© Pete Oxford
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One of the world’s largest and most significant elephant translocations kicked off on July 3rd from within Liwonde National Park. In just one week, and as of today, 92 elephants have been successfully captured from Liwonde, transported 450 kilometers by truck, and released in Nkhotakota Wildlife Reserve, all within Malawi. Of the 80 individuals, six are bulls and the rest are family units made up of matriarchs and their young.

 

African Parks, a conservation NGO who manages national parks and protected areas across Africa, is leading the translocation of up to five hundred elephants from Liwonde National Park and Majete Wildlife Reserve from southern Malawi to Nkhotakota Wildlife Reserve in central Malawi. All three reserves are managed by African Parks in partnership with the Malawi Department of National Parks and Wildlife (DNPW). 

Translocated elephants make their way from the release boma into Nkhotakota © Will Whitford
Translocated elephants make their way from the release boma into Nkhotakota © Will Whitford

Two hundred and fifty elephants are being moved over July and August this year from Liwonde, with another 250 being moved from Liwonde and Majete combined in 2017. In addition to these elephants, thousands of other animals including sable, waterbuck, zebra, kudu, eland and warthogs are also being translocated all with the goal of repopulating Nkhotakota and restoring it to its former glory after years of rampant poaching.

 

The operation has two objectives: to relieve pressure from the elephant surplus in Liwonde and Majete, and to restock Nkhotakota which supported more than 1,500 elephants 20 years ago, but today has fewer than 100. Liwonde and Majete are source populations for elephants and are at or nearing capacity (with populations of 800 and 400 elephants respectively), resulting in habitat degradation and high levels of human-wildlife conflict. As Malawi is a densely-populated, agro-based country, no ecological corridors exist to allow for natural migration. The “500 Elephants” initiative is a human-assisted migration providing the best chance of a long-term and sustainable future for these elephants.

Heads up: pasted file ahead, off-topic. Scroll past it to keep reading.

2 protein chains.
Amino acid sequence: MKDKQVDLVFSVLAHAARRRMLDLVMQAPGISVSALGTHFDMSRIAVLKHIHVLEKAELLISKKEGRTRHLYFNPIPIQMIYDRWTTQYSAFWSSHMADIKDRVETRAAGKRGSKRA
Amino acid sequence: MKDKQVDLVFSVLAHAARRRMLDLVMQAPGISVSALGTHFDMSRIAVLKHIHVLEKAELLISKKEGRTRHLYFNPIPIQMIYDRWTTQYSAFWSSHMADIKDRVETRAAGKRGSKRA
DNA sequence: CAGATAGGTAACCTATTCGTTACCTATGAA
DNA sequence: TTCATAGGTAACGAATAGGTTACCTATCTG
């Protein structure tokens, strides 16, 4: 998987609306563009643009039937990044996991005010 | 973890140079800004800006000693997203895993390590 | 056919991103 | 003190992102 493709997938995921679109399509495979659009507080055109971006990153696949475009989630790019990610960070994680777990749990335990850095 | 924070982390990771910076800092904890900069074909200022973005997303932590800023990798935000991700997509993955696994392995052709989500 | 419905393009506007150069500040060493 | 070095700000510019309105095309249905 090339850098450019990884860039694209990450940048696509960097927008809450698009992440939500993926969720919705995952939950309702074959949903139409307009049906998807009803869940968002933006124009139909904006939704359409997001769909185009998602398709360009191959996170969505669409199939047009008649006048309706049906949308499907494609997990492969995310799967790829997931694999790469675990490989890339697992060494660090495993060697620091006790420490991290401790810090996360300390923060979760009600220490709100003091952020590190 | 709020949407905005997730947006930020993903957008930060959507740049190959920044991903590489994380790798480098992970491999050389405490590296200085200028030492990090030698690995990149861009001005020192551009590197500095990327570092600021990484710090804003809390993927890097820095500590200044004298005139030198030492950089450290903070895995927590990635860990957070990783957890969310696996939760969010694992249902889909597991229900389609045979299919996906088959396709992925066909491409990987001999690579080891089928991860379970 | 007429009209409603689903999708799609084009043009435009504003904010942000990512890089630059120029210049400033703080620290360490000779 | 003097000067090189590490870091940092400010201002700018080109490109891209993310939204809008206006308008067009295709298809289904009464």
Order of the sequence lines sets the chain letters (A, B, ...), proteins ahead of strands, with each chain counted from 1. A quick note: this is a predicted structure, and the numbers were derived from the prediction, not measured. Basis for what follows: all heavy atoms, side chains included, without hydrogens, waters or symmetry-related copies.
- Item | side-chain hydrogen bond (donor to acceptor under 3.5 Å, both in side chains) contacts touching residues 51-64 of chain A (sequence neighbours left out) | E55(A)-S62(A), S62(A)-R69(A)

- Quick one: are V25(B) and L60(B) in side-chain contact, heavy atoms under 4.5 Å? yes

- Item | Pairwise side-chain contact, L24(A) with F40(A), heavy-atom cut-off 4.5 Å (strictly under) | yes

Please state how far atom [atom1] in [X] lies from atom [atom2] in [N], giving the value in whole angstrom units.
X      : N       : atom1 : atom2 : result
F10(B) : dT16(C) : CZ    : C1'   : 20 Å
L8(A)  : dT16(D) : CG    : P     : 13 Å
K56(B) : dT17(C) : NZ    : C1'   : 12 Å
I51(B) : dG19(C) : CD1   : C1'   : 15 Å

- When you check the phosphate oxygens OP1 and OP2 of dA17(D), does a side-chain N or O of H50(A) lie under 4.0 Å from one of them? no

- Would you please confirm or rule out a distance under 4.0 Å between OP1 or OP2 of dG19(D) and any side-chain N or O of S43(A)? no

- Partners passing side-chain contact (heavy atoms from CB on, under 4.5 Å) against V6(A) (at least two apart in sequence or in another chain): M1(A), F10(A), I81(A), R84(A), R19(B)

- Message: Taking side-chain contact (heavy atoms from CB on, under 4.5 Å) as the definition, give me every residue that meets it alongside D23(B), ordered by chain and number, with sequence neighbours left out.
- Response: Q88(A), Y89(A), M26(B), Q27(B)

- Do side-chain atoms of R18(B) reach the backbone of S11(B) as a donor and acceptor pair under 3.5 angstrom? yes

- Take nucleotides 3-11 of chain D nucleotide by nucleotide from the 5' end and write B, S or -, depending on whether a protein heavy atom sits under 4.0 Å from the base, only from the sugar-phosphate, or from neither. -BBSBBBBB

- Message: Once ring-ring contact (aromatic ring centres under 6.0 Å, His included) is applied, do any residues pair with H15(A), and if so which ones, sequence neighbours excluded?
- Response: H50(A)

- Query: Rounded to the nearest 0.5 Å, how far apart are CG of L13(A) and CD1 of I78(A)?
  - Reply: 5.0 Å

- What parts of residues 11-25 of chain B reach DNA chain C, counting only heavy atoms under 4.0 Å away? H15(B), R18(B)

“Having just returned from Liwonde, I am thrilled with progress made so far in just the past week” said Peter Fearnhead, CEO of African Parks. “This translocation is a very specialized operation and a massive logistical challenge, but we’ve assembled the best possible team of experts to undertake such a feat”. Only cohesive family units are moved together to limit stress and prevent the destabilization of family groups; the capture and translocation is extremely well managed with an array of short, medium, and long-acting tranquilisers which mitigate and control stress responses.  

 

African Parks has spent the last nine months preparing for the giant move which has included the grading and creation of road networks, perimeter fencing of both Liwonde and Nkhotakota, the creation of a sanctuary within Nkhotakota for the newly released elephants, and the hiring of hundreds of local employees to carry out the infrastructure developments positively impacting the local economy. Importantly, since assuming management of Nkhotakota last year, African Parks has completely overhauled the law enforcement and anti-poaching efforts allowing for the safe restocking of wildlife to the reserve.

 

Under mounting pressure from poaching, habitat loss and human-wildlife conflict, the African elephant is being increasingly threatened in many parts of the continent. Numbering more than 10,000,000 a century ago, recent census results indicate they have been reduced to fewer than 450,000. With as many as 40,000 elephants being poached every year to feed the insatiable demand for ivory, their rate of offtake now outstrips their birth rate putting their long-term survival at risk.

 

“Most stories we hear about elephants in Africa are doom and gloom” continued Peter Fearnhead; “this translocation of 500 elephants, which is a pivotal moment for Malawi who is emerging as a leader in African elephant conservation, is a story of hope and survival; it’s a story of possibility”. African Parks is responsible for managing approximately 90% of Malawi’s elephant population, as well as almost 15,000 elephants combined among all the parks under their management across Africa. This giant initiative has been made possible with the generous support from the Dutch Postcode Lottery, the Wyss Foundation, The Wildcat Foundation, Donna and Marvin Schwartz, Dioraphte, and the People’s Postcode Lottery.